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New Hampton Inn off to strong start onVero’s Miracle Mile

STORY BY MEG LAUGHLIN (Week of May 14, 2015)

A big U-Haul truck pulled into the parking lot of the brand-new Hampton Inn & Suites across from Miracle Mile in Vero Beach, and three young men jumped out and began unloading the back.

Among the items: Huge leather suitcases – most of them designer. Laptops, earphones and speakers. See-through plastic chests packed with jars of cayenne, coriander, and teabags.

Scenes like this are what have Hampton Inn owners Frank Christy and Keith Kite, both long-time Vero Beach residents, predicting that their new hotel, which opened a few weeks ago, will be a huge success.

“Every room is taken this weekend,” Kite said a week ago, pointing out that the young men unloading the U-Haul and their friends in rental cars, not far behind, recently booked 20 rooms for the next six months.

“We are from Dubai training at Flight Safety to become commercial pilots for Emirates Airlines,” explained one of the young men.

Add to that 60 more rooms taken by young women playing in the junior college softball tournament at Dodgertown and their families, and 10 more rooms taken by people in town for business meetings, as well as several rooms occupied by people visiting relatives, and the hotel’s 90 rooms were all occupied over several weekends.

“We expect to see most of our business coming from three areas: sports tourism, aviation and the hospital,” said Christy.

The sports tourism business, they anticipate, will be from events at Dodgertown, as well as golf, tennis and lacrosse competitions. The aviation business will come from students at the flight schools, as well as business meetings at Piper. The hospital business will come from people in town to see loved ones at the hospital and also here for hospital business, they said.

“We’ll never get the client who wants a balcony on the ocean or the client who wants to stay near I-95 or the outlet mall. But we do want to be Vero Beach’s downtown hotel for businesspeople, tourists, sporting clients and flight trainees,” said Kite.

Further, said hotel manager Brenda Celano, the hotel is luxurious without being too expensive.

“Saving $40 to $70 a night can add up to some nice dinners out,” said Christy.

In the Miracle Mile shopping center across 6th Avenue from the hotel, restaurant employees said they are just beginning to get business from the occupants of the new hotel.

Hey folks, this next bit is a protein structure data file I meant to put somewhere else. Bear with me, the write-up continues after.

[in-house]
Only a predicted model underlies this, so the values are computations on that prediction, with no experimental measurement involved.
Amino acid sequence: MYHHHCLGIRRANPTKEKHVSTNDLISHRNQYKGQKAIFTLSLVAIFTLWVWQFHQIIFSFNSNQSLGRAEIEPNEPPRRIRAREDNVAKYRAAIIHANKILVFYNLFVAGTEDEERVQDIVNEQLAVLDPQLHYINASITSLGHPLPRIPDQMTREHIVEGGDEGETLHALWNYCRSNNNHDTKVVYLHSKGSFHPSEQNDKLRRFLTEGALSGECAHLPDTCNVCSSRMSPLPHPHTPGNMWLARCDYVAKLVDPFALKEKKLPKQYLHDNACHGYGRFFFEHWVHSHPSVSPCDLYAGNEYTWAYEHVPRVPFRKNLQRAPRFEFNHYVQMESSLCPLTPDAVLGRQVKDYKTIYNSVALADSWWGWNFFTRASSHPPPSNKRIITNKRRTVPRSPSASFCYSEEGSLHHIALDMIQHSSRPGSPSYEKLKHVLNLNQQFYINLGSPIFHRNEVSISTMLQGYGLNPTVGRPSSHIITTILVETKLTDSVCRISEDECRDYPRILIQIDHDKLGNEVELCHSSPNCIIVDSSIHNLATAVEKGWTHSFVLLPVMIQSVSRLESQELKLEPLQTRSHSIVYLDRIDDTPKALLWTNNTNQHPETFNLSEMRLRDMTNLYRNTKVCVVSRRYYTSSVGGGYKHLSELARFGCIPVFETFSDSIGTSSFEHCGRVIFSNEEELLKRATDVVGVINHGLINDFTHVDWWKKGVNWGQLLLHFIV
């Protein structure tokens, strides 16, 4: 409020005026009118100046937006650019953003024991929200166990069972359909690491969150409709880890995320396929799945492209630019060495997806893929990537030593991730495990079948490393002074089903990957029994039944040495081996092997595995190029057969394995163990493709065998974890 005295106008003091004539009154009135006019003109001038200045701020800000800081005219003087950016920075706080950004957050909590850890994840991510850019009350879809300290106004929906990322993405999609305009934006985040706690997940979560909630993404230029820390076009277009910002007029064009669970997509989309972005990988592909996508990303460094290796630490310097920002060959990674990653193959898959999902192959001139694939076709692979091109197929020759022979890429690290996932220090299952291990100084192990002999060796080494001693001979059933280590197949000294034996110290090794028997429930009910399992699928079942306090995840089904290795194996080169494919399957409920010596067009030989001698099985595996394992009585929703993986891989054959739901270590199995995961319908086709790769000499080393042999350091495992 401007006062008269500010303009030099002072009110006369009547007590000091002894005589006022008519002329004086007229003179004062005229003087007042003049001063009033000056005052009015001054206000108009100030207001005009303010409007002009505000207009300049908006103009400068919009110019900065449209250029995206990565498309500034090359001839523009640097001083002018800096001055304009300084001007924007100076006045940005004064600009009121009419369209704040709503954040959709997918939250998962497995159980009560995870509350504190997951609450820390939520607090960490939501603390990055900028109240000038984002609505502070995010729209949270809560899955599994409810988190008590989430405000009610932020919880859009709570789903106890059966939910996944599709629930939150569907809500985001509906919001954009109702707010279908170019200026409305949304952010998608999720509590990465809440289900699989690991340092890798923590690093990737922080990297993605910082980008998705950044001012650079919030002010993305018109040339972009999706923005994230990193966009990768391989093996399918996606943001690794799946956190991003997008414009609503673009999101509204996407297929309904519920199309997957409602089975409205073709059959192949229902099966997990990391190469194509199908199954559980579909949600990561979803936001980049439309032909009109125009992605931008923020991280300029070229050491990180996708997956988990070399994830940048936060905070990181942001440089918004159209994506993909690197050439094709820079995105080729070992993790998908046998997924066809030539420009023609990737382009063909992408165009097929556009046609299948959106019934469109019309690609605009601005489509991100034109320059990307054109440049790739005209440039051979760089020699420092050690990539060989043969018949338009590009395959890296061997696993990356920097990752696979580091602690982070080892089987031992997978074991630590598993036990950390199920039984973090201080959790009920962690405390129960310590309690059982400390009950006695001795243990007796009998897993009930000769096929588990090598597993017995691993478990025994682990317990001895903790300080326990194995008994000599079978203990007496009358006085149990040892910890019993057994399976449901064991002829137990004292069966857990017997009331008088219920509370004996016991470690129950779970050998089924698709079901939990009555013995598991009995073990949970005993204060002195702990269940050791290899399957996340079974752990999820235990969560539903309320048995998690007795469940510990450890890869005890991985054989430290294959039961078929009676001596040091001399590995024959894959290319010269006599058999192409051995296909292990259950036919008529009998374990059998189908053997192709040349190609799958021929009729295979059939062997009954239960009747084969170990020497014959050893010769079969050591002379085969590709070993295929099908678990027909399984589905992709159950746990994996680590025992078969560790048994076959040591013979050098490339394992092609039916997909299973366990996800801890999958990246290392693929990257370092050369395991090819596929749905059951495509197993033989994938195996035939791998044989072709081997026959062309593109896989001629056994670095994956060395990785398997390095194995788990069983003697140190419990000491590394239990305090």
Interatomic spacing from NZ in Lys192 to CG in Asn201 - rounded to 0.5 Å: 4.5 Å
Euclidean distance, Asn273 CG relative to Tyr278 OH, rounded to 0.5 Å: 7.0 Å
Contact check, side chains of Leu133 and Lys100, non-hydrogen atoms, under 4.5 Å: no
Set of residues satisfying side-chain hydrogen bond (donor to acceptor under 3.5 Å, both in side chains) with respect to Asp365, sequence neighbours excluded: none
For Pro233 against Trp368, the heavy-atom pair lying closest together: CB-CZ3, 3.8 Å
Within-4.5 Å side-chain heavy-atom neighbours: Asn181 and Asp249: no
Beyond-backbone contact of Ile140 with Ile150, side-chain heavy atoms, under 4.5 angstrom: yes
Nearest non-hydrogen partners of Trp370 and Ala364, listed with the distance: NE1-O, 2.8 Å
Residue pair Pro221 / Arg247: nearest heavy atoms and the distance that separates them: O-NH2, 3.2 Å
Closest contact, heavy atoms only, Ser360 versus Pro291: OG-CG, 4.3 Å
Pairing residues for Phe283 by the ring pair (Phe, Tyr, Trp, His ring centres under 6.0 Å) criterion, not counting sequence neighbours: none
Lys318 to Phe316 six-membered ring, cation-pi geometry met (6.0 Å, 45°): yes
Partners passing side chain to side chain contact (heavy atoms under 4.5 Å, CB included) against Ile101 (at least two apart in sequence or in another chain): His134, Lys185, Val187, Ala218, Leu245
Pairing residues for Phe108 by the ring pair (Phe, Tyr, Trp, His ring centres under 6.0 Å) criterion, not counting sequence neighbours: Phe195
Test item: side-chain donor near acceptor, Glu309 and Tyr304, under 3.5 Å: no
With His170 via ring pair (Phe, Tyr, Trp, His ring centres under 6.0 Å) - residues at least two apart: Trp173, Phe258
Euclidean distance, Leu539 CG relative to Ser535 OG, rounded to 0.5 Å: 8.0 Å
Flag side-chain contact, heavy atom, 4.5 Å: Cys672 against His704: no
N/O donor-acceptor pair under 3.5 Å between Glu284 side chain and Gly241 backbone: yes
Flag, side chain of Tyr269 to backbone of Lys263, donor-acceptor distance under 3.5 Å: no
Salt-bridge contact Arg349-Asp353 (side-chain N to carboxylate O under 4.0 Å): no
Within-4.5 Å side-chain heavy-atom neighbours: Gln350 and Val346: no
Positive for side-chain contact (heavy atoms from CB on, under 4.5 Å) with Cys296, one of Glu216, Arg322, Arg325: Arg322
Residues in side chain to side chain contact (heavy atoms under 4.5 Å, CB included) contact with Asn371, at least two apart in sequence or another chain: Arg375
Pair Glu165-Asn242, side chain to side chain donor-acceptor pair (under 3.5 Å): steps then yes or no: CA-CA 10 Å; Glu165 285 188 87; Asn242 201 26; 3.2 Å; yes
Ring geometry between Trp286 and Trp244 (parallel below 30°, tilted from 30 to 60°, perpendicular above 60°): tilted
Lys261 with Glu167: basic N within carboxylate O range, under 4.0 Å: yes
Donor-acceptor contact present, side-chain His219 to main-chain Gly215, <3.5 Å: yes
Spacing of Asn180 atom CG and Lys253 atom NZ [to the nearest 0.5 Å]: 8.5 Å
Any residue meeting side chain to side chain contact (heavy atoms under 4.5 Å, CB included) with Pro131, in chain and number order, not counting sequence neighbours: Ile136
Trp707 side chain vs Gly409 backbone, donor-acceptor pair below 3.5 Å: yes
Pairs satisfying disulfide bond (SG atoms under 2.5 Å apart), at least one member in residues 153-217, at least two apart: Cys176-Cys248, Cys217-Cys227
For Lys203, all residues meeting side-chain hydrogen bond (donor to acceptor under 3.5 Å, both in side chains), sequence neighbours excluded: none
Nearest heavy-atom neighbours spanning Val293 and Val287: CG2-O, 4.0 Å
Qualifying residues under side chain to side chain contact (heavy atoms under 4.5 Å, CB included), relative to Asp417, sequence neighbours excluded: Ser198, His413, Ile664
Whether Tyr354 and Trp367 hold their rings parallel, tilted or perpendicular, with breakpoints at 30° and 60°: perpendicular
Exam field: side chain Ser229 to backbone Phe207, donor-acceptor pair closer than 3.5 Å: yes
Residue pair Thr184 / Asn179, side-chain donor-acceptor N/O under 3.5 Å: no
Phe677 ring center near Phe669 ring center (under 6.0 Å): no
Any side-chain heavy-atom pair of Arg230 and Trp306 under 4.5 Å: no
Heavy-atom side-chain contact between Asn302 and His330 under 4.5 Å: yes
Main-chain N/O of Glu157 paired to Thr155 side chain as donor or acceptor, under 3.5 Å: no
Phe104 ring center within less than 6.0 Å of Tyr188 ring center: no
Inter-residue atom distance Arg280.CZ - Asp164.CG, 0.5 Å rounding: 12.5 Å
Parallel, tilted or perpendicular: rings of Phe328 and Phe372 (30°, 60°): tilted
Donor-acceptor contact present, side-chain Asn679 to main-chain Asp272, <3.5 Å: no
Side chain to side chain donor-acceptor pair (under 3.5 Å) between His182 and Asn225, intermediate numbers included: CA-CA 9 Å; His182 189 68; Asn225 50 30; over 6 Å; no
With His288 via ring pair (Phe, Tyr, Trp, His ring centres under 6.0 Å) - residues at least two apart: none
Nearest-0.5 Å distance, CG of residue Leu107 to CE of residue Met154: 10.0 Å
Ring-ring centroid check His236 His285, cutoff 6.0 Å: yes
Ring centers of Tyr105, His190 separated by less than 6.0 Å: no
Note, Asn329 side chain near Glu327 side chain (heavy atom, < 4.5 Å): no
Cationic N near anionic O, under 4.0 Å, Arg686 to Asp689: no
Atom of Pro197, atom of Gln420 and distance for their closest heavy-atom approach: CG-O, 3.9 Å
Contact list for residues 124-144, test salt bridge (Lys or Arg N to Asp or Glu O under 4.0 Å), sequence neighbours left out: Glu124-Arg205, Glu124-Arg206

A TooJay’s hostess said two families staying at the Hampton had breakfast there a few days ago. A Cafe Euro server said they had yet to see business from the hotel but were hopeful for the summer. But a Pizza Hut employee said they were seeing a definite upswing in business because of the hotel.

“The guests are coming here for lunch and dinner every day and we’re delivering there,” she said.

In 2005, Kite and Christy met and began talking about putting a hotel near Miracle Mile. In 2007, they commissioned a feasibility study that showed a growing need for “additional hospitality.” But the recession hit, and they waited.

In 2012 a second study showed the time was right: Chamber of Commerce research showed a shortage of rooms. Piper had been sold and had stabilized. Dodgertown activities required more accommodations than were available on the property. The hospital’s Duke-affiliated heart center was doing well, and the hospital was about to build a Duke-affiliated cancer center.

“We’re proud of this hotel and excited for Vero,” said Kite, as he and Christy showed a visitor around their sparkling hotel, which they both call “very Vero.”

The lobby has a definite tropical feel with high ceilings, plantation shutters, walls with bas-relief wave patterns and turquoise and lime-green carpeting, as well as paintings of beach scenes.

There are 30 studio king rooms with both a king bed and a pull-out sofa, 30 rooms with two queen beds and 30 rooms with king beds. All have microwaves, fridges, 42-inch flat-screen TVs and the impressive tropical and Vero-centric photography of Christy’s artist-wife Mary Lou. 

There are also fitness and business centers, meeting-banquet rooms and a dining area for the free breakfast buffet served to guests every day. Walking outside to the pool area, Kite points to the majestic oak that he insisted be saved.

Then, looking across the hotel parking lot to the old Osceola Magnet School property, which was purchased by Christ Church, Kite and Christy began talking about what the new large church will mean to the hotel: “We love churches,” said a smiling Kite. “They mean weddings and funerals with lots of people arriving from out of town, needing a place to stay.”